Editor: This contribution by Rocky Neptun is a continuation of the debate about a new football stadium in downtown San Diego, begun by Andy Cohen here.
When I began my property maintenance business a few decades ago, I used 80 percent of my assets and borrowed an amount equivalent to another 50 percent. At that time, or even now, there was never a consideration that you, as a taxpayer, should finance my business venture.
Yet, Alexander Spanos, worth over one and half billion dollars, according to Forbes Magazine, wants you and me to subsidize his new football stadium in the East Village, downtown San Diego. The entire notion of corporate welfare for his project and the millionaire fat assed football players who smash and crash against one another chasing a stupid looking ball, would bring laughs in any enlightened social order. Yet, in our society, where single-mothers, without work or funds, are harangued and fingerprinted, treated like criminals for asking for a helping hand, the Mayor of San Diego, the city’s main major newspaper and other bought shrills would have us spend $800 million on an oversized playpen for aging adolescents who just can’t seem to get it up for cable television or internet broadcasts of this tedious brawling, called football.
This titan of sports events would have you believe that his million dollar profit each night will bring jobs and prosperity to the region. Shades of a roman emperor, he would give us bread and circuses. Like any con artist, sovereign or not, with the precise skill of a pickpocket , the secret is to let your victim think that everything is normal, that this is the way things are done. If one’s prey is a large group of people, then, in Orwellian fashion, all the gears and levers of the corporate state, its media, politicians, advertisers, snake oil salesmen, must be put into motion to dupe the citizens into believing the lie. From weapons of mass destruction to the financial benefits of a football stadium, the process of propaganda and untruth is the same; begin with a false premise, repeat it over and over, spend a few million plastering the message on walls and between segments of Oprah Winfrey, narrow the parameters of the debate by a bought media and its cowed journalists.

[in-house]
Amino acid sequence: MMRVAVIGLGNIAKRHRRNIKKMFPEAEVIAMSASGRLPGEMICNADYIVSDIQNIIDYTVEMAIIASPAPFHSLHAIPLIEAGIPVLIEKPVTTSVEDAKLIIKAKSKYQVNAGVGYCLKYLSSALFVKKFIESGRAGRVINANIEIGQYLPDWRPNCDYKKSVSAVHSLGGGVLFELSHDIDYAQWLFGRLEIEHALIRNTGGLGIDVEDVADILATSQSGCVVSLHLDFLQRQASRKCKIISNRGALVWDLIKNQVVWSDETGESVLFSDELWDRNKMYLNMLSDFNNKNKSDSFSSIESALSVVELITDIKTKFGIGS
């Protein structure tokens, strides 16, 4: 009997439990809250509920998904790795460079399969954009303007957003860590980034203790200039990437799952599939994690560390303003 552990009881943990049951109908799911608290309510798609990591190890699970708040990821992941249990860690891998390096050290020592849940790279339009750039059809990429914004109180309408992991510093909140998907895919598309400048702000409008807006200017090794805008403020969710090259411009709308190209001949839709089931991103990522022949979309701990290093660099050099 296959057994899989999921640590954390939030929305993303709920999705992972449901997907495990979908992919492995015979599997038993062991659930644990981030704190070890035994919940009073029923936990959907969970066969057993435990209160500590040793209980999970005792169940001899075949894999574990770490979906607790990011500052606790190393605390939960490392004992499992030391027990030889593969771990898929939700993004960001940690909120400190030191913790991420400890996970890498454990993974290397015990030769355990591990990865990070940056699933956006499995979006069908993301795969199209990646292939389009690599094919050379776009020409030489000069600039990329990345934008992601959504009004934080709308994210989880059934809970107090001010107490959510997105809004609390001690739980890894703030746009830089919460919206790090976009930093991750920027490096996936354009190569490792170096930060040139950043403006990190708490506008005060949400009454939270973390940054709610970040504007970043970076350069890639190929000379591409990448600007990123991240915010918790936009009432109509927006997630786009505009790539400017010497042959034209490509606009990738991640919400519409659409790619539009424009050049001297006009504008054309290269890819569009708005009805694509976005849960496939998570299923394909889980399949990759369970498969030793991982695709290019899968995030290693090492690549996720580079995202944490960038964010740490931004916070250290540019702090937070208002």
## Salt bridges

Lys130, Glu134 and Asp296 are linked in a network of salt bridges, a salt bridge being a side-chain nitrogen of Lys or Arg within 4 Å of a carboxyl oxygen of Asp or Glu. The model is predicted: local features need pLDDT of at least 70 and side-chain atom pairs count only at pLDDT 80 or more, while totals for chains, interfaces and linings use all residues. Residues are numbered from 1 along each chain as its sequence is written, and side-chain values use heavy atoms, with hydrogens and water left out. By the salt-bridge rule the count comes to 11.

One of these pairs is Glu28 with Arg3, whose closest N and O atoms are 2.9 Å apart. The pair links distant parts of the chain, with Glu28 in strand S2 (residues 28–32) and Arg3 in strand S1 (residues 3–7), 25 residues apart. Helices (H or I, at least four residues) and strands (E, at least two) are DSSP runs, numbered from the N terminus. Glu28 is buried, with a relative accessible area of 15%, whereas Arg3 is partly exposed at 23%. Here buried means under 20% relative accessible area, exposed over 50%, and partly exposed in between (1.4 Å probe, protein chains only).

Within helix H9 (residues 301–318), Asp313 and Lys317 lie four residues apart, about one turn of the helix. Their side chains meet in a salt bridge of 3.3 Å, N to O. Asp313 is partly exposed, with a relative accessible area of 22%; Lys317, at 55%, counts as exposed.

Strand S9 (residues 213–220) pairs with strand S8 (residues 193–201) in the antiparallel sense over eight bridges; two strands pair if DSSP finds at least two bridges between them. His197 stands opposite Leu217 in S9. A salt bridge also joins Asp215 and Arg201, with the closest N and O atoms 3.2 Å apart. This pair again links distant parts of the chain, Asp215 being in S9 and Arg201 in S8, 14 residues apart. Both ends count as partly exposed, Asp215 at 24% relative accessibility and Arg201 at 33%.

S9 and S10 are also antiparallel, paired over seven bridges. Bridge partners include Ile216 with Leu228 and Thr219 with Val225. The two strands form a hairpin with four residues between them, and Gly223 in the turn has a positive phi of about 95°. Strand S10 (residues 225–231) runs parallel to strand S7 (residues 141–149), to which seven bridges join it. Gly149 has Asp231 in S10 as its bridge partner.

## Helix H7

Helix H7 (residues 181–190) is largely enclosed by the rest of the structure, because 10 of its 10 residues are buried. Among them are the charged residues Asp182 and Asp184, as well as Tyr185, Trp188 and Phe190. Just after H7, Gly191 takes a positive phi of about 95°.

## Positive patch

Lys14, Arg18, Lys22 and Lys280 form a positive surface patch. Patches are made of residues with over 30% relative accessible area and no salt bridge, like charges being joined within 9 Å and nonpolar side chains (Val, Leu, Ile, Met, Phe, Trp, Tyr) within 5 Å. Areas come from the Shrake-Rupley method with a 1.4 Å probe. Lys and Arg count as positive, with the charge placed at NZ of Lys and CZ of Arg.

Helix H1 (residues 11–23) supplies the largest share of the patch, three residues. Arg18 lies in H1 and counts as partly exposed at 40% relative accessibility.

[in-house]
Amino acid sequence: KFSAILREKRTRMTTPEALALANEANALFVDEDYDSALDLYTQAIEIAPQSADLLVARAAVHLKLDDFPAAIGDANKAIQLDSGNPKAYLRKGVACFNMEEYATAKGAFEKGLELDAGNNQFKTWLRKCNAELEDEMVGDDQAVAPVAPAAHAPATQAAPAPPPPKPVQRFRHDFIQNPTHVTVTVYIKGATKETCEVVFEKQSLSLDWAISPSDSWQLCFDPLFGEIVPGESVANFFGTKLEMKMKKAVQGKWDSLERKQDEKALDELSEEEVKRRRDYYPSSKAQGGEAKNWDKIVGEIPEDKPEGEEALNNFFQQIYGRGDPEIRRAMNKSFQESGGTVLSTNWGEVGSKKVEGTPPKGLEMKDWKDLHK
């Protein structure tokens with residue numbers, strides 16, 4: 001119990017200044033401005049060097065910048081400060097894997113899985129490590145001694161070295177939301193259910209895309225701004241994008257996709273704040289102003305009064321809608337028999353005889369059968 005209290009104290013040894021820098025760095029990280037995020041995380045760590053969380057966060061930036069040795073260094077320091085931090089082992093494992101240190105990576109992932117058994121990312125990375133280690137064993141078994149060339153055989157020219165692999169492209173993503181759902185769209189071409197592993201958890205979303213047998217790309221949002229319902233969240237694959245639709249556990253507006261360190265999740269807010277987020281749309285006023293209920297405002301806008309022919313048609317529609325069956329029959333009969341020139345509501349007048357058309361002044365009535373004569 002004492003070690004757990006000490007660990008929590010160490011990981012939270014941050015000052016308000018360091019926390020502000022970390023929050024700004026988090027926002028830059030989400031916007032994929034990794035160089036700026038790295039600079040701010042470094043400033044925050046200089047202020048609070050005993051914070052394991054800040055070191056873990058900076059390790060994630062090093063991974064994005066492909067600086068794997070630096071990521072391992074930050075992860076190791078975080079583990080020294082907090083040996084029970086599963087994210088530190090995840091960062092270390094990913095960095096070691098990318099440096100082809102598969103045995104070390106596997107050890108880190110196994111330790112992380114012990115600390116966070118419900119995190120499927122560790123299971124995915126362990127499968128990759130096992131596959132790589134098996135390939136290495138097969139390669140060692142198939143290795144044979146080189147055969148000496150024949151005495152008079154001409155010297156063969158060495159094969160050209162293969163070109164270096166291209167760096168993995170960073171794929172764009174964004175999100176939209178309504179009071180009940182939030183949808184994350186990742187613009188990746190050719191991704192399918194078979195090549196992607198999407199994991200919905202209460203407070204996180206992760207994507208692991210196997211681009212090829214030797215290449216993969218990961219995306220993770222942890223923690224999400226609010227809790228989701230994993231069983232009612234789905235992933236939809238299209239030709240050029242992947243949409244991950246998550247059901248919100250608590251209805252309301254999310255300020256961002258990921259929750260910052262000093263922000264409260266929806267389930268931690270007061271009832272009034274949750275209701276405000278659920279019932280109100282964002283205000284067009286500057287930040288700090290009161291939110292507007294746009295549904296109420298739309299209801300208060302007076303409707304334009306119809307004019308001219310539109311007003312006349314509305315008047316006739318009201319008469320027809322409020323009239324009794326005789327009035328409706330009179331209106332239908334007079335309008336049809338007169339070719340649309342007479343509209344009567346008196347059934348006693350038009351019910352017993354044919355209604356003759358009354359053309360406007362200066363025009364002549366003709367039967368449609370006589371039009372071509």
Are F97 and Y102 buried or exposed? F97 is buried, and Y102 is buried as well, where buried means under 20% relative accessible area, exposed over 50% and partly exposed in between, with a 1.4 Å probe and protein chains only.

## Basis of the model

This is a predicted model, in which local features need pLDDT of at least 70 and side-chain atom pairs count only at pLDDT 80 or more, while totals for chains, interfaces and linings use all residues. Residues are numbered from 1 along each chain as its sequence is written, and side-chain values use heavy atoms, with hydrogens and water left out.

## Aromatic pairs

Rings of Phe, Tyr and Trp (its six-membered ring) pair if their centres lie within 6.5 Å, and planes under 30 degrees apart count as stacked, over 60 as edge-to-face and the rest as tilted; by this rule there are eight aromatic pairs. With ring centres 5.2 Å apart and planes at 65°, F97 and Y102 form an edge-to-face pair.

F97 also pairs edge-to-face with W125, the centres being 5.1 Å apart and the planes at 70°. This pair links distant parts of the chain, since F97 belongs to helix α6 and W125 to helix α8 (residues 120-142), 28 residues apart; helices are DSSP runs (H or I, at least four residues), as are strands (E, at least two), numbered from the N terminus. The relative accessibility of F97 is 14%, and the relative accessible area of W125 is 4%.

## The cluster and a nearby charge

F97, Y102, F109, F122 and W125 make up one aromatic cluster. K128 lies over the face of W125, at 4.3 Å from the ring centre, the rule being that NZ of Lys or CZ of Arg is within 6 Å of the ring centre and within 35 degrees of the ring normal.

Right up front, one thing must be made perfectly clear – there has never been a sports stadium which has made money using taxpayer dollars – except Miller Park Stadium in Milwaukee which is not only a multi-use facility of football and baseball, but its Green Bay Packers football team is a community owned franchise, with all profit being returned to the neighborhoods.
Football is all about money, lots of money for owners and the players. Those who cling to this wealth, like barnacles on a whale, or those who feel their macho manhood (and, increasingly, macha womanhood) is tied into a symbiotic relationship with a home team, will try to tell you that stadiums bring jobs and spending to the community.
“Wealthy sports moguls have turned bilking taxpayers into an art form,” Doug Bandow, conservative senior fellow at the Cato Institute and former assistant to President Ronald Reagan, reminds us. “Franchise owners typically win taxpayer support only through threats; pay us off, or we will leave they say, give us a new stadium, or we will go someplace else.”